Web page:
FIGS. 7-14 show a procedure for making another preferred embodiment of the present invention.
FIG. 15 shows another preferred embodiment of the present invention.
FIG. 16 shows a preferred two-part frame section being inserted into a molten salt bath.
FIG. 17 shows a preferred two-part frame section being heated by a torch.
Preferred embodiments of the present invention can be described by reference to FIGS. 1 -17.
FIG. 1 shows a side view of a first preferred embodiment of the present invention in which chain stay 2 and seat stay 4 of rear portion 6 of bicycle frame 8 have been brazed. FIG. 2 shows a detailed view of the components of seat stay 4 prior to it being brazed. To braze seat stay 4, upper frame half-shell 9 and lower frame half-shell 10 are first cleaned. Then, braze filler metal 11 is placed between upper frame half-shell 9 and lower frame half-shell 10 and the two halves are assembled. In a preferred embodiment, the upper and lower frame half-shells are aluminum alloy and filler metal 9 is an aluminum brazing alloy. Connecting pins 12 help align and assemble upper frame half-shell 9 appropriately with lower frame half-shell 10. After the two halves are assembled, seat stay 4 appears as shown in FIG. 3. As shown in FIG. 16, seat stay 4 is then inserted into a heated volume at approximately 1,400 degrees Fahrenheit to melt the aluminum alloy braze filler metal 11. In a preferred embodiment the heated volume is a molten salt bath. Seat stay 4 is then removed from the molten salt bath and it cools. Consequently, filler metal 11 re-hardens, brazing together upper frame half-shell 9 and lower frame half-shell 10.
Similarly, front portion 103 of bicycle frame 8 can also be brazed from two halves. By referring to FIG. 2, the advantages of brazing are made very clear. The manufacturer is exact shape and thickness he needs for the bicycle frame section. Also, many frame sections and joints can be simultaneously and uniformly brazed at once in the same heated volume, saving time and money in the construction process. Furthermore brazing uniformly heats the frame sections minimizing distortion and eliminating the need for alignment after brazing.
A second preferred embodiment is shown in FIGS. 4A-4D. As shown in FIG. 4A, grooved section 15 is aligned with upper frame half-shell 17 and lower frame half-shell 16. A preferred grooved section 15 is shown in FIG. 4D. In the second preferred embodiment, grooved section 15 is extruded 6061 aluminum and is approximately ¼ inch in diameter. Grooves 24A and 24B are rectangular and have a width of approximately 0.07 inch. Upper frame half-shell 17 and lower frame half-shell 16 are also preferably 6061 aluminum and are approximately 0.063 inch thick. As shown in FIG. 4A, the cross section of grooved section 15 is in the general shape of an H-section. Braze filler metal 19 is placed in grooves 24A and 24B. Braze filler metal 19 is preferably an aluminum brazing alloy. Upper frame half-shell 17 and lower frame half-shell 16 are then assembled together by inserting them into grooves 24A and 24B in grooved section 15 to form joined frame section 20, as shown in FIG. 4B. Grooved sections 15 holds upper frame half-shell 17 and lower frame half-shell 16 in assembled alignment as shown in FIGS. 4B and 4C. Note that in FIG. 4C, upper frame half-shell 17 and lower frame half-shell 16 bend at bend 18. Grooved section 15 is pliable and therefore it can be bent so that it adjusts easily to the shape of the upper and lower halves.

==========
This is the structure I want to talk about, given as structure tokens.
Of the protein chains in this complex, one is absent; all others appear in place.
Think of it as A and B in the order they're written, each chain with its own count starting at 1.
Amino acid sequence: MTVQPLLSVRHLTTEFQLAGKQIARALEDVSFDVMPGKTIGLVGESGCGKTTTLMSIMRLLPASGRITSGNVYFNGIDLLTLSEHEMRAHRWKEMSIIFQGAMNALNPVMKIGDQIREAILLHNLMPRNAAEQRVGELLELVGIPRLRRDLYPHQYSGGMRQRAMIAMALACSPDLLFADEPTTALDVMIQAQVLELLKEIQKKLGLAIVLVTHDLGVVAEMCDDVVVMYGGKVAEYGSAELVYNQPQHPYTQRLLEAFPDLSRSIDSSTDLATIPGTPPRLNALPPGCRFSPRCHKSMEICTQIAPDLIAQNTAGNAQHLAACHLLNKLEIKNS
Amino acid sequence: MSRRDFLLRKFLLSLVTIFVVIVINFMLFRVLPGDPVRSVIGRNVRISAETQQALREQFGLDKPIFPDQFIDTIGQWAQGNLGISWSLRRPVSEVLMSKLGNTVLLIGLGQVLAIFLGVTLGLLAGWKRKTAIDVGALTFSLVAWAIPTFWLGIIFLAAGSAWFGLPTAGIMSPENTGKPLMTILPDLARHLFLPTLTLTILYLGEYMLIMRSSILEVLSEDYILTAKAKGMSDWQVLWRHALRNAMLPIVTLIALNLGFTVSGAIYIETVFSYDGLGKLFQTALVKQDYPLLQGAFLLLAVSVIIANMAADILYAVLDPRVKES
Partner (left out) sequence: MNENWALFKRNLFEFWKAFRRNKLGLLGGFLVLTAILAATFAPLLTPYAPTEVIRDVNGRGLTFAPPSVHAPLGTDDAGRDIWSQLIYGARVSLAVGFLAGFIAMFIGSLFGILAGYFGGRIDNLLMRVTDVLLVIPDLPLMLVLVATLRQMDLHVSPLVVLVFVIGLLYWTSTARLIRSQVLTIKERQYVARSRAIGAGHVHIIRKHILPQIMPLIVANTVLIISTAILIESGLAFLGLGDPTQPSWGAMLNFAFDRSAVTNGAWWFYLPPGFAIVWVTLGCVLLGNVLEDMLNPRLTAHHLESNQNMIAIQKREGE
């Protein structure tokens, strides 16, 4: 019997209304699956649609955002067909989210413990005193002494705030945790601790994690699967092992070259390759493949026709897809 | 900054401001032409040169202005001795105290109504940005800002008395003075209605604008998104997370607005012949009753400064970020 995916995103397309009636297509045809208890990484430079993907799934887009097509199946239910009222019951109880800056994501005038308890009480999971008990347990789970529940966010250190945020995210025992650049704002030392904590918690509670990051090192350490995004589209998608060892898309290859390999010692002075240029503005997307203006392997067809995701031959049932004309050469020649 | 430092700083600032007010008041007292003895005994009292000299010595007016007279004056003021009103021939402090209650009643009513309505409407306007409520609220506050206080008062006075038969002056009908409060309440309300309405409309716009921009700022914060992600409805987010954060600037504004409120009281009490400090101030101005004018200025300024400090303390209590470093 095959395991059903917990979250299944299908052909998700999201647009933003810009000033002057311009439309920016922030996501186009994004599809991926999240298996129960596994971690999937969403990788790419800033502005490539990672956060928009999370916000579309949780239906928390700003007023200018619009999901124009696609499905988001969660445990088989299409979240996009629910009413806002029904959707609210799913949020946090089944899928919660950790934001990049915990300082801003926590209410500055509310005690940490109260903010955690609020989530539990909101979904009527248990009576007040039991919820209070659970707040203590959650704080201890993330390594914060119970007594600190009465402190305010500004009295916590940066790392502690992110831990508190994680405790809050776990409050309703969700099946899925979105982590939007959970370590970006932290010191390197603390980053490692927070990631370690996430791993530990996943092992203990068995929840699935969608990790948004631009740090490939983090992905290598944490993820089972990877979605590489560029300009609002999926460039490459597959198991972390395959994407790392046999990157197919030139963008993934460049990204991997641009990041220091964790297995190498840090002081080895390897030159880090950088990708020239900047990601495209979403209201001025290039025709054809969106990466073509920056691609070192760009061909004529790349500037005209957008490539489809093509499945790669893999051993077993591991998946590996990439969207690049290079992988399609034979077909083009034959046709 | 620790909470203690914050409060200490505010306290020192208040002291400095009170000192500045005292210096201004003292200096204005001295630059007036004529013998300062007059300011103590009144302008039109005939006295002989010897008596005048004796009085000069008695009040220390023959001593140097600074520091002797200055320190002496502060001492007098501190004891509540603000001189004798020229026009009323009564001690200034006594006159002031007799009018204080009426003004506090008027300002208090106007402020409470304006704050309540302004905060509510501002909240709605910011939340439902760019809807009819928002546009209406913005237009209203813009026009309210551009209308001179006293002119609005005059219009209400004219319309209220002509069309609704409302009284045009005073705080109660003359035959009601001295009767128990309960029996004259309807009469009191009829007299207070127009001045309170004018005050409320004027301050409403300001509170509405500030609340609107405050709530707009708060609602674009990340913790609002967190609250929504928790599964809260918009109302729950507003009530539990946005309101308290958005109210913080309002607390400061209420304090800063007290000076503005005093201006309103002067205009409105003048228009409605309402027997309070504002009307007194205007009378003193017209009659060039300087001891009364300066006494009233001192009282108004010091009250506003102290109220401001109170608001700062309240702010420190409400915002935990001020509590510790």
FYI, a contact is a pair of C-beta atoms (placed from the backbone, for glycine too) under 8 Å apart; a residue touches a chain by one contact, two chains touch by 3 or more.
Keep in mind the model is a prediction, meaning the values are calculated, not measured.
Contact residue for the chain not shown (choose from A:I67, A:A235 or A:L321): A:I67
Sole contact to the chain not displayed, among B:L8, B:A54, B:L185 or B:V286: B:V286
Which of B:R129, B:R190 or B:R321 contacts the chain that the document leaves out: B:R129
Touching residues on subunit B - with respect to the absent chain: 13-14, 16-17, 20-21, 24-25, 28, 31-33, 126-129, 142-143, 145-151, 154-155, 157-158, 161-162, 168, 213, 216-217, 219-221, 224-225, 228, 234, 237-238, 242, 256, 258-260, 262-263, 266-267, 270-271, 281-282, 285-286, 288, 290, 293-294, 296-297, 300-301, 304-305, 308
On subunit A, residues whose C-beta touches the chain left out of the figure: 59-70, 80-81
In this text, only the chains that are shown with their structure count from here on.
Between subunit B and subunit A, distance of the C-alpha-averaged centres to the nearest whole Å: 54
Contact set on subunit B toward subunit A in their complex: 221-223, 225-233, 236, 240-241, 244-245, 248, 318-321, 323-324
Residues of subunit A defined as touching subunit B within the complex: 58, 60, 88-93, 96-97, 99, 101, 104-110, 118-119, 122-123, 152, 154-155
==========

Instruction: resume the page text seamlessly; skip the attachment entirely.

The second preferred embodiment provides a significant time savings because grooved section 15 automatically aligns upper frame half-shell 17 so that it is positioned directly above lower frame half-shell 16. In the second preferred embodiment, prior to applying heat to frame section 20, upper frame half-shell 17 and lower frame half-shell 16 are secured together to ensure that their desired mating relationship does not alter during the brazing process. A preferred method of securing them together is with the use of clamps. Then, upper frame half-shell 17 and lower frame half-shell 16 are heated and are brazed together in a manner similar to that described in the first preferred embodiment.
Although FIGS. 4A-4C show grooved section 15 resembling an H-section in which the grooves are directly opposite one another, it is also possible to adjust the grooves so that they are at other angles. FIG. 5 shows grooved section 21 where the upper groove is angled to the left of the lower groove. FIG. 6 shows grooved section 22 in which the grooves are at 90 degrees to one another.
A third preferred embodiment is shown in FIGS. 7-14.
In the third preferred embodiment, a flat section of any brazable sheet metal 30 (such as aluminum, stainless steel, or titanium) is formed into a half shell by mold 31. In the preferred embodiment, sheet metal 30 is 6061 aluminum and is approximately 0.050 inch thick. Forming pressure is imparted to the top of sheet metal 30 causing it to assume the shape of mold 31 and become upper frame half-shell 32, as shown in FIG. 8. If necessary, excess aluminum is cut away, leaving flange 35 around upper frame half-shell 32. Preferably, flange 35 extends approximately ¾ inch out from the outside edge of upper frame half-shell 32 to allow for clamping or the creation of other alignment, fixturing or assembly features. In a similar fashion a matching lower frame half-shell 34 is formed (FIG. 10).
As shown in FIG. 10, upper frame half-shell 32 is aligned and assembled to lower frame half-shell 34. Braze filler metal 36 is placed between upper frame half-shell 32 and lower frame half-shell 34. FIG. 11 shows a front view of upper frame half-shell 32 secured together with clamps 37 to lower frame half-shell 34 with braze filler metal 36 in between. In a preferred embodiment, braze filler metal 36 is pasted between upper frame half-shell 32 and lower frame half-shell 34. Clamps 37 are then tightened and upper frame half-shell 32 and lower frame half-shell 34 are heated and brazed together in a manner similar to that described in the first preferred embodiment.